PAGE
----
Seven contenders vie for Nebraska governor’s seat
December 20th, 2013
Omaha, NE – The race for Nebraska’s next Governor has been building up a head of steam recently.[audio:https://kvnonews.com/wp-content/uploads/2013/12/final-.mp3]
With less than six months remaining before primaries there are now seven official candidates. Paul Landow, Assistant Professor at the Department of Political Science at the University of Nebraska at Omaha, said with the primary being held in May 2014, the time to pick and choose a candidate is a lot closer than many think.
“It is right around the corner, and these days with the cost of the campaigns and the level of sophistication involved the candidates gear up quite a ways in advance sometimes a year and a half,” Landow said. “So (it is) not unusual to see all this activity at this point.”
Recently, Nebraska State Senator Annette Dubas, a registered Democrat, withdrew her name from consideration for her party’s nomination. Last week, Omaha tax attorney Bryan Slone, a registered Republican, decided that he wanted to enter the Republican race. Slone, who worked on the Tax Reform Act of 1986 under President Ronald Reagan, has been employed in the private sector in Omaha for the past twenty years. He says he is planning to run on the conservative principles of free markets, personal freedom and accountability.
That’s according to a political ad on his website:
“If we work together, if we have a vision for the future and we just set about to make it happen,” Slone said. “I believe I have the kind of government and business leadership as well as the vision to lead Nebraska to even greater things in the coming years. Together we’ll build on Governor Heinemann’s success and we’ll create a better future for our children and make a great state, even greater.”
Landow said because of the number of declared candidates seeking the nomination Slone may have put his name forward too late.
“He is clearly a solid Omaha business leader and (he is) well qualified, so that isn’t the issue,” Landow said. “The question is has he gotten in too late with too little name ID and how (he) has to run up against a number of much better established candidates.”
Landow said he considers Republican’s Pete Ricketts and Mike Foley as the top two contenders currently in the Republican race. Ricketts is the former Chief Operations Officer of TD Ameritrade and a board member of the Chicago Cubs. Landow pointed to Ricketts strong support from the business community in Omaha, as well as his ability to self-fund his race, as two big reasons why he is a front runner.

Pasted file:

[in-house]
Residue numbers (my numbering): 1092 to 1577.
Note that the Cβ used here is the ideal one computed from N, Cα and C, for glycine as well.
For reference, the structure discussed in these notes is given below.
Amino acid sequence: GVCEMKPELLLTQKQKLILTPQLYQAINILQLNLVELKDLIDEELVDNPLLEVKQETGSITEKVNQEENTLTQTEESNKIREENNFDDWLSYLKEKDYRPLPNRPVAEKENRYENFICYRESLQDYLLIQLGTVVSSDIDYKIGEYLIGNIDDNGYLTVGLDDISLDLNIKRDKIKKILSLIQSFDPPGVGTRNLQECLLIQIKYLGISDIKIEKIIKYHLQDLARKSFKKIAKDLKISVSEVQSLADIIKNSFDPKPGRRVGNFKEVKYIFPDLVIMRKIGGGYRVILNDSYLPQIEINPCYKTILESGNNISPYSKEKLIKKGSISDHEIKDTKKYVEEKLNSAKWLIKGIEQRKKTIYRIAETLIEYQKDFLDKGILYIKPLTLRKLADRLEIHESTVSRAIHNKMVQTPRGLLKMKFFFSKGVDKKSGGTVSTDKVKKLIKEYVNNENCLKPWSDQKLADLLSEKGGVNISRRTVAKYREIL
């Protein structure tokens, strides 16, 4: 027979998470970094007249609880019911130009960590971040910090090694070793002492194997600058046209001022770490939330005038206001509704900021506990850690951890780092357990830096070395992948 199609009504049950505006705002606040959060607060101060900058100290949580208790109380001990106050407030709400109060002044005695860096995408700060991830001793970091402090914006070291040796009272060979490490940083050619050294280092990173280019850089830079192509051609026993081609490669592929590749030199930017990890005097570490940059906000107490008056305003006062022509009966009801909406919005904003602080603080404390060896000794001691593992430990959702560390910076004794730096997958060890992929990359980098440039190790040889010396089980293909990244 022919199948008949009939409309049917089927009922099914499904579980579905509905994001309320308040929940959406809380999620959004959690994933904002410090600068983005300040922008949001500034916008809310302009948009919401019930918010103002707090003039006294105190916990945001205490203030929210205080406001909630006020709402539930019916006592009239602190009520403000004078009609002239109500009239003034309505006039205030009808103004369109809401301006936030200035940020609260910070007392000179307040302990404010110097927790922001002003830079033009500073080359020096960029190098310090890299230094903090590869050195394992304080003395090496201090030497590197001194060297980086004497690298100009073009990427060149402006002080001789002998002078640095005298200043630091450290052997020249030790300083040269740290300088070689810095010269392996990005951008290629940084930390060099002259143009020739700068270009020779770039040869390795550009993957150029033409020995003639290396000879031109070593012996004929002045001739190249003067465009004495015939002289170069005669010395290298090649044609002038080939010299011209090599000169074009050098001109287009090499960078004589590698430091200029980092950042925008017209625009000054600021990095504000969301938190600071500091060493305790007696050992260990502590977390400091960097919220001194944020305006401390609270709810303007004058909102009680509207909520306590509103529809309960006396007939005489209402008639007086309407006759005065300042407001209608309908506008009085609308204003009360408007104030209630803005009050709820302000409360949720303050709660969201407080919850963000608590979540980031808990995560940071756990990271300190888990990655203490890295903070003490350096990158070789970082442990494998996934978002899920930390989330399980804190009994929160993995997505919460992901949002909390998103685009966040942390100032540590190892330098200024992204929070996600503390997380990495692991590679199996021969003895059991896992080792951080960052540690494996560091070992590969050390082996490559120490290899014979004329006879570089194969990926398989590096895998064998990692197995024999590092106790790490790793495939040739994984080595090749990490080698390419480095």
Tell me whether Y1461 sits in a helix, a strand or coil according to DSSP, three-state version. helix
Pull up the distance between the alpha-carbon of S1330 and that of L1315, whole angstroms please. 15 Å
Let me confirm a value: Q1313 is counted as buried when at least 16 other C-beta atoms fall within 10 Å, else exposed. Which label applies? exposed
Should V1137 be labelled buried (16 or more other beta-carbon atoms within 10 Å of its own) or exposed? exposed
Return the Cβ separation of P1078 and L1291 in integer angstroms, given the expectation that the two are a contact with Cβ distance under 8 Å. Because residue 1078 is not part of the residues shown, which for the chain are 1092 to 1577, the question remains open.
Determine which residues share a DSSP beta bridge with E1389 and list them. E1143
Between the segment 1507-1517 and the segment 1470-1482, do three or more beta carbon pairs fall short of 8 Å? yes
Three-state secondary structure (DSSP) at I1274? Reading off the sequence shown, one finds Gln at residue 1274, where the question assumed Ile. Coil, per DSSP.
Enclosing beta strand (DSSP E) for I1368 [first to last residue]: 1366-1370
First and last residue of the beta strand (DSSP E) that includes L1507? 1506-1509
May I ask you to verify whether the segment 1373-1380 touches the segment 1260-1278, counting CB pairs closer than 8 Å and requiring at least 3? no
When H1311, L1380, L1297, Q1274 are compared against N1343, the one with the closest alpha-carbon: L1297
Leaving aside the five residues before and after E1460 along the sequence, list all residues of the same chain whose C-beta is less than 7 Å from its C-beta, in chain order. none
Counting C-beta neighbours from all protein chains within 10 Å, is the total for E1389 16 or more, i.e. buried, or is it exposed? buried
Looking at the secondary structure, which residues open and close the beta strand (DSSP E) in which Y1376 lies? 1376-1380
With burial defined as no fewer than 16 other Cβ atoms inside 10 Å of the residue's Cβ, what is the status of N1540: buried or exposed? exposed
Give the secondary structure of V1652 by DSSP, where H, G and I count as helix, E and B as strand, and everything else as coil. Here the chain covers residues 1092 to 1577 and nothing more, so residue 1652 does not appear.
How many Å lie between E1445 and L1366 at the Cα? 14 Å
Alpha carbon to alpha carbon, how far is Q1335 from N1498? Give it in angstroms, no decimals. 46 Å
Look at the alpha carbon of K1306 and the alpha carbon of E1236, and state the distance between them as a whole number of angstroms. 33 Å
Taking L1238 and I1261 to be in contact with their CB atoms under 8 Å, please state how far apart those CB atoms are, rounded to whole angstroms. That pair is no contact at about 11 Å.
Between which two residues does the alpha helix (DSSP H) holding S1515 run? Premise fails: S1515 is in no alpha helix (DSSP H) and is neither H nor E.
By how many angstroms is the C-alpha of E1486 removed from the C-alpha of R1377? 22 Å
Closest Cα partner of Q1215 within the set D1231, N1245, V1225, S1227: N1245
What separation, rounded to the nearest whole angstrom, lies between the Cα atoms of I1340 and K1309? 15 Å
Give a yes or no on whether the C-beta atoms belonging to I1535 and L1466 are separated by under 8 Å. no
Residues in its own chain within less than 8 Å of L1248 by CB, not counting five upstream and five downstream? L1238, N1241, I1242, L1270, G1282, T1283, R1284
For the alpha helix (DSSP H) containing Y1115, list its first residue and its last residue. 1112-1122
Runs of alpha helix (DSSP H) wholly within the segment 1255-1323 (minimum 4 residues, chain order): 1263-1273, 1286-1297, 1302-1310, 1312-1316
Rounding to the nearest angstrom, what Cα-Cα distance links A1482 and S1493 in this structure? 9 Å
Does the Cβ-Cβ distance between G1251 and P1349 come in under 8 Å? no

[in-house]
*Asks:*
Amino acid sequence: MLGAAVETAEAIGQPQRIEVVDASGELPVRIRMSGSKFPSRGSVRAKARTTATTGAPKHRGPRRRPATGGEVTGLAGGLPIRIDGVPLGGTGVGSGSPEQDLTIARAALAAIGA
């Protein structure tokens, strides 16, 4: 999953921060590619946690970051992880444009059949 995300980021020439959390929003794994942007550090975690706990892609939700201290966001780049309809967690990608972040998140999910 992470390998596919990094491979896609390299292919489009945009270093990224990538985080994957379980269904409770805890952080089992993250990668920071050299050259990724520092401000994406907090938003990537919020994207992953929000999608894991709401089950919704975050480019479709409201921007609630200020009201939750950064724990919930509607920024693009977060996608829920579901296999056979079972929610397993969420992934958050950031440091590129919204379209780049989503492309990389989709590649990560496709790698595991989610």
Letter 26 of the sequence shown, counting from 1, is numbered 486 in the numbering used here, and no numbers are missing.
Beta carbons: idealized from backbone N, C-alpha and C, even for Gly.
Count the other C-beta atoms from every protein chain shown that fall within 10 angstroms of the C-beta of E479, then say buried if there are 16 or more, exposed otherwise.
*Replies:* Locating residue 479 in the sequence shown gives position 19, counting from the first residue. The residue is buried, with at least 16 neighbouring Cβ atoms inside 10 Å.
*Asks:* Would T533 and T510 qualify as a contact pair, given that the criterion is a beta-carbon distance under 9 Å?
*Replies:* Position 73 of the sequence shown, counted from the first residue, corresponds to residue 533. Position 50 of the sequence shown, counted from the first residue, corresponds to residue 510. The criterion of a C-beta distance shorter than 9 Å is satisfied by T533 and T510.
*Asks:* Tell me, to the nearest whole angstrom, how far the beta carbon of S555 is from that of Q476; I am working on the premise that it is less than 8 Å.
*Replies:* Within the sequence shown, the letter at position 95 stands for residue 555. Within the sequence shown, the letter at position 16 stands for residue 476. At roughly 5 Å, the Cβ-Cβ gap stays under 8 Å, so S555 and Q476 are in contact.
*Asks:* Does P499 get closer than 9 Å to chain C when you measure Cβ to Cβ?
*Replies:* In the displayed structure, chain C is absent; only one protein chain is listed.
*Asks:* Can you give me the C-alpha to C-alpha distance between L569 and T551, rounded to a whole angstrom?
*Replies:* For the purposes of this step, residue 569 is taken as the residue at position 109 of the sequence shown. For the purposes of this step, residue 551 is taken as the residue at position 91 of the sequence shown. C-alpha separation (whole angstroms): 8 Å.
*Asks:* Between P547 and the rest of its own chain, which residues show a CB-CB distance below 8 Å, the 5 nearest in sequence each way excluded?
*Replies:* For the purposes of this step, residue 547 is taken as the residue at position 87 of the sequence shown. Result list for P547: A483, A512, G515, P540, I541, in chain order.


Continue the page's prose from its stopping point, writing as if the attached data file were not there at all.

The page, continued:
Foley, Nebraska’s Auditor of Public Accounts, has built a strong base with socially conservative members of the Republican Party, Landow said. Foley is taking a big risk as he won’t be permitted to run for re-election to his current post if he loses in his bid for governor.
Landow said a potential dark horse in the race is Republican State Senator Tom Carlson.
“Running up against two people (Foley and Ricketts) with strong name ID, plenty of money and already identified state-wide political bases so it’s tough,” Landow said. “But Senator Carlson is well regarded and definitely in the hunt.”
Landow said two other Republican state senators from Nebraska, Charlie Janssen and Beau McCoy are also in the race. Landow notes that the age and a lack of experience for both Janssen and McCoy as reasons why they might be at a disadvantage against the other, better known candidates with more experience under their belt. But he said because there are so many names in the hat for Governor, a smaller slice of the pie could go on to win the nomination depending on how fractured the final vote is.
So far, only one declared Democrat is in the race for Nebraska Governor – Chuck Hassebrook. Landow calls Hassebrook’s overall chances at winning the General Election ‘extremely difficult, but not impossible,’ noting that Ben Nelson was the last Democrat elected governor in Nebraska.
Landow said because the former University of Nebraska Regent is the only Democrat in this race, he will likely win the Democratic primary in May and face off against the winner of the crowded, and potentially divided, Republican ticket in November.
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